Make it difficult to find compatible apps
App stores are where consumers first interact with apps, and Microsoft’s store is always bad.
Currently, every Windows user is familiar with the store’s many shortcomings. There is no information telling you when the last app was updated, let alone a changelog. You cannot see the number of downloads up to date.
Microsoft buried that processor architecture an app supports, too. If you are already on a Windows on ARM (WoA) Connect PC, Microsoft will hide incompatible apps. And if you want to know what is available for WoA Connect PCs before buy one, you’ll have to go app by app to find out for yourself.
In a few years, the question of whether a Mac app is coded for ARM or X86 will be discussed, because Apple’s converting Mac highlights to ARM. But for now, customers on both Windows and Mac platforms can choose between the two processor architectures, placing them in the same camp.
Granted, it’s probably too early to expect Apple’s own Apple Store to provide this information. We know that some of its key third-party partners – Adobe and Microsoft, namely – support Apple’s ARM efforts. We may be wondering how many of the small niche of Apple game developers are bothering to re-code for ARM, and how quickly other content-creation app devs will sign up.
Knowing which apps are coded for each processor, though, is critical. Apple’s “universal” apps will run on both platforms. But we really don’t know how Apple’s ARM processors are doing, and we also don’t know how well an app will be running on every platform. It’s important, then, that both Apple and PC customers know which apps are coded natively for a particular processor, where performance will be optimized, and which will mimic and take a performance hit. The app store – whether on the Mac or on Windows – should be the starting point for this conversation.
Don’t provide ‘showcase’ apps
So far, we’ve been concerned with performance, compatibility, and communication. Another thing Qualcomm and Microsoft have yet to deliver is a PC showcase — not just from a hardware point of view, but from a software standpoint as well. The answer — and it hurts me to say it — is bloatware.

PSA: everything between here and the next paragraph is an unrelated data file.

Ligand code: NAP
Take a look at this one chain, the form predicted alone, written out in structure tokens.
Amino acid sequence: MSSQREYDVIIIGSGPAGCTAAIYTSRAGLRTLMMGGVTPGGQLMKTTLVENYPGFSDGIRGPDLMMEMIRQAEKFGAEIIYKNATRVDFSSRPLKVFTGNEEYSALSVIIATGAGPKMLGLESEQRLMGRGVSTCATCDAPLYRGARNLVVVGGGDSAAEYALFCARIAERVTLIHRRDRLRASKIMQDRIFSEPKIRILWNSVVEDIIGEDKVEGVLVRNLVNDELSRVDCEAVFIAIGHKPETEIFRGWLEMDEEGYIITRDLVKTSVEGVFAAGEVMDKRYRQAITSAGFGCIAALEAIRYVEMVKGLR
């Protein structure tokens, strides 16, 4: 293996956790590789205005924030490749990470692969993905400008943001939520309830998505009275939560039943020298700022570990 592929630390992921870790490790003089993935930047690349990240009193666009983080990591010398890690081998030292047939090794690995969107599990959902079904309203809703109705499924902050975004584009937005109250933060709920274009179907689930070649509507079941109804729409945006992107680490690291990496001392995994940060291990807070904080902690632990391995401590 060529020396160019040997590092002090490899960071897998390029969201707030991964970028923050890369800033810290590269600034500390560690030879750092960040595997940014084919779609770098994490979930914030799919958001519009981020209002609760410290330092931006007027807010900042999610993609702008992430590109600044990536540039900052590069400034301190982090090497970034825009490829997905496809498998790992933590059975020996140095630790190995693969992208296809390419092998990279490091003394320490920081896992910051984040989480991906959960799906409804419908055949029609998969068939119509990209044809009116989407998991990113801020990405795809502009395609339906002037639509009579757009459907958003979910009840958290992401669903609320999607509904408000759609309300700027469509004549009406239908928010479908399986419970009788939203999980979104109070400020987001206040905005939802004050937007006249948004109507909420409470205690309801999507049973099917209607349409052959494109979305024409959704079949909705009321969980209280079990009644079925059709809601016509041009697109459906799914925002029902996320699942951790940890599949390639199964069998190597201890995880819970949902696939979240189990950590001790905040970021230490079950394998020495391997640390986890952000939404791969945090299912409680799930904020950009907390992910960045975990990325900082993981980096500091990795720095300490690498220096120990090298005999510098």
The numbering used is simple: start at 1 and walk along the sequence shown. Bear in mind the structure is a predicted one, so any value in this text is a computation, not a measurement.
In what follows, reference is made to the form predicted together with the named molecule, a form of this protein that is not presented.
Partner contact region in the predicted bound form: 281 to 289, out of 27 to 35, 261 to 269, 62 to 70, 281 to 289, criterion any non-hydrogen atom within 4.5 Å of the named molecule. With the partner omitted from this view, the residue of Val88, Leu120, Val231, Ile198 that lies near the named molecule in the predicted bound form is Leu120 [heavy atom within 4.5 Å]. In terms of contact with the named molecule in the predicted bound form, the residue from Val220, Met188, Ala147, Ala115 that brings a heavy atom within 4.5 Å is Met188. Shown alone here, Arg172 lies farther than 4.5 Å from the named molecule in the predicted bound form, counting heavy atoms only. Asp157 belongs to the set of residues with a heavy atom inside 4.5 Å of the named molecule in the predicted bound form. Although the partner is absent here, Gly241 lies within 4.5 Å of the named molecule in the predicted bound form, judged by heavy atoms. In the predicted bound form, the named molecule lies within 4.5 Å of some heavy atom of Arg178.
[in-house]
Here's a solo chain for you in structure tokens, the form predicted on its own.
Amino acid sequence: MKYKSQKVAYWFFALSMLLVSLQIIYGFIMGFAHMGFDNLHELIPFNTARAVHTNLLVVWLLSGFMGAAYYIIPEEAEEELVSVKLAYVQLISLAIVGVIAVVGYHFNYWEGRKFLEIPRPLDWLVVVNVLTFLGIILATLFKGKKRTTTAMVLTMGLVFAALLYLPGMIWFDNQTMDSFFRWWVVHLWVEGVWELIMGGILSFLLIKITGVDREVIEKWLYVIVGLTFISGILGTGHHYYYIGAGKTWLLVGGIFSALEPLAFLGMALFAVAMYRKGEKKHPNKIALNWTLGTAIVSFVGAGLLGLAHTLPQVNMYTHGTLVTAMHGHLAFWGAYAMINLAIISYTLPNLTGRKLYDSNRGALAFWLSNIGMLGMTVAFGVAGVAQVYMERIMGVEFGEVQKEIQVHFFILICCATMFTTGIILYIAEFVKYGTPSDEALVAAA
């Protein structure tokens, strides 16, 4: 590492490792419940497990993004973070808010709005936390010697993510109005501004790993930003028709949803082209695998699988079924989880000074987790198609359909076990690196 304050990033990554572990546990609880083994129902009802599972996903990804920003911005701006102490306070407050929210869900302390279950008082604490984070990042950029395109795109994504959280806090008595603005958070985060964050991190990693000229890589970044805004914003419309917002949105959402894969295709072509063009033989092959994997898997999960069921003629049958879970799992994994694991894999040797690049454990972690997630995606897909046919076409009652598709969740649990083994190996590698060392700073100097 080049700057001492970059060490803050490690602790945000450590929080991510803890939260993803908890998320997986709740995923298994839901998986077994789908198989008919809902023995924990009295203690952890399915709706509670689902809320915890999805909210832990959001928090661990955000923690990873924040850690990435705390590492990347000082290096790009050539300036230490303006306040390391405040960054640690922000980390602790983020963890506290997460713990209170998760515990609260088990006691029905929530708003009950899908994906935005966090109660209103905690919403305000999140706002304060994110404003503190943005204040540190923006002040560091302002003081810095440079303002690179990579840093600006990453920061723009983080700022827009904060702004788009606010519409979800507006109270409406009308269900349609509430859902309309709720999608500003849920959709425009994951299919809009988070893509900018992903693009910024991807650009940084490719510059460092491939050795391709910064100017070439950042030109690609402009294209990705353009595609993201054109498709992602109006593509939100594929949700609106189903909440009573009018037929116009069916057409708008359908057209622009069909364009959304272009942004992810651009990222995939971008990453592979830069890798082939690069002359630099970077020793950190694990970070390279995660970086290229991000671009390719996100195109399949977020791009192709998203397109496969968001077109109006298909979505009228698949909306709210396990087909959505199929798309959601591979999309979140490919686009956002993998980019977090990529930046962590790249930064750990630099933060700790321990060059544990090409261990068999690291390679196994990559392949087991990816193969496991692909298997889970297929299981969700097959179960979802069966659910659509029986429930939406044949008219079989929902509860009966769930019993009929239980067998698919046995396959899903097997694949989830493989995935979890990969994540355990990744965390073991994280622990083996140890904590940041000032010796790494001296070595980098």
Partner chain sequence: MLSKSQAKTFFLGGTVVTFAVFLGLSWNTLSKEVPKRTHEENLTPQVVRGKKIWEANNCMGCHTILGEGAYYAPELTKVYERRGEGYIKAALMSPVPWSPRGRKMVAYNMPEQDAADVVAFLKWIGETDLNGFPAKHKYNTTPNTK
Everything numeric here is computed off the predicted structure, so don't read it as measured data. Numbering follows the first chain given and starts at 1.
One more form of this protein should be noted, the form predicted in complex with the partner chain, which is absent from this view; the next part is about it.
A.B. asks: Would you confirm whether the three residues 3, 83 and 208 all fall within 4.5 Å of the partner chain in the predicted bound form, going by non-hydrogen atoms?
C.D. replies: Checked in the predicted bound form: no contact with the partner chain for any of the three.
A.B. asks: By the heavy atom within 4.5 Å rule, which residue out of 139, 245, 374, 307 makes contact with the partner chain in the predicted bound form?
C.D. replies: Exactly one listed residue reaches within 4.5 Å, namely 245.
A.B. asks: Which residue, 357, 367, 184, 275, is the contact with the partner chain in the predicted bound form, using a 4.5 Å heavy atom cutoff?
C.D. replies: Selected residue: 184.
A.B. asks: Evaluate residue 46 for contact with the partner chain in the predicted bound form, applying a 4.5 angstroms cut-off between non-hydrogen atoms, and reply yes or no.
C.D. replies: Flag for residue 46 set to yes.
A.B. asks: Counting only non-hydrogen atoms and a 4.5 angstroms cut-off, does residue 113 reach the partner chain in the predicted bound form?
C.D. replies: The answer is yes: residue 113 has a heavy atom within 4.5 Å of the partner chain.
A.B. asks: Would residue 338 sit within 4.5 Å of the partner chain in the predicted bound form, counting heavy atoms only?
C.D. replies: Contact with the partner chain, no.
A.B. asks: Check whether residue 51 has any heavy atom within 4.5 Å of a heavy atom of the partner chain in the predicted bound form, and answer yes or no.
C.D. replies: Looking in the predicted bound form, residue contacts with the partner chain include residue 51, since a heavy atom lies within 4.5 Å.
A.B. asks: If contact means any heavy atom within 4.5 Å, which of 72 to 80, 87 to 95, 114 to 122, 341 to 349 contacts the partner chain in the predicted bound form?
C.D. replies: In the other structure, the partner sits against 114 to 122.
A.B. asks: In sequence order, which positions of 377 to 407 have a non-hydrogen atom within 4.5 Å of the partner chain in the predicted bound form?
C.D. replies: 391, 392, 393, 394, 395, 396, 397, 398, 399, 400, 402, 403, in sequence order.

I generally mark down review laptops if they become clogged with unnecessary third-party apps. Acer, for example, includes apps that suggest other apps, such as Collection S. But that’s what Windows on ARM (and Macs) needs: a showcase of apps, coded native to ARM, that show up on the platform.
On Windows, neither Microsoft nor Qualcomm has risen in this regard. Rather than user-generated collections, we should have an official, listed website (and linking!) apps that have been optimized for ARM. Connected PCs should be preloaded with ARM-optimized apps, or at least offer a gateway toward an optimized experience. The ability to download Windows optimization on ARM apps could be a feature of Microsoft’s new WinGet package manager utility.
I suspect Apple already understands this, and a portion of Apple’s App Store maybe something like “Run better on Apple” wouldn’t surprise me. Introduce consumers to a collection of the apps they will frequently use, reassure them that they’re optimized for performance, and then add and update apps regularly to ensure customers that the company is looking out for them.
Right now, customers still don’t understand why they should move away from X86 and embrace something new and familiar like ARM. And if they do, the explanation is still framed in terms of hardware. How and why customers should software transitions are generally left out of the conversation, and everyone just ends up confused. Let’s hope that Apple is watching the mess Microsoft has made and doing better.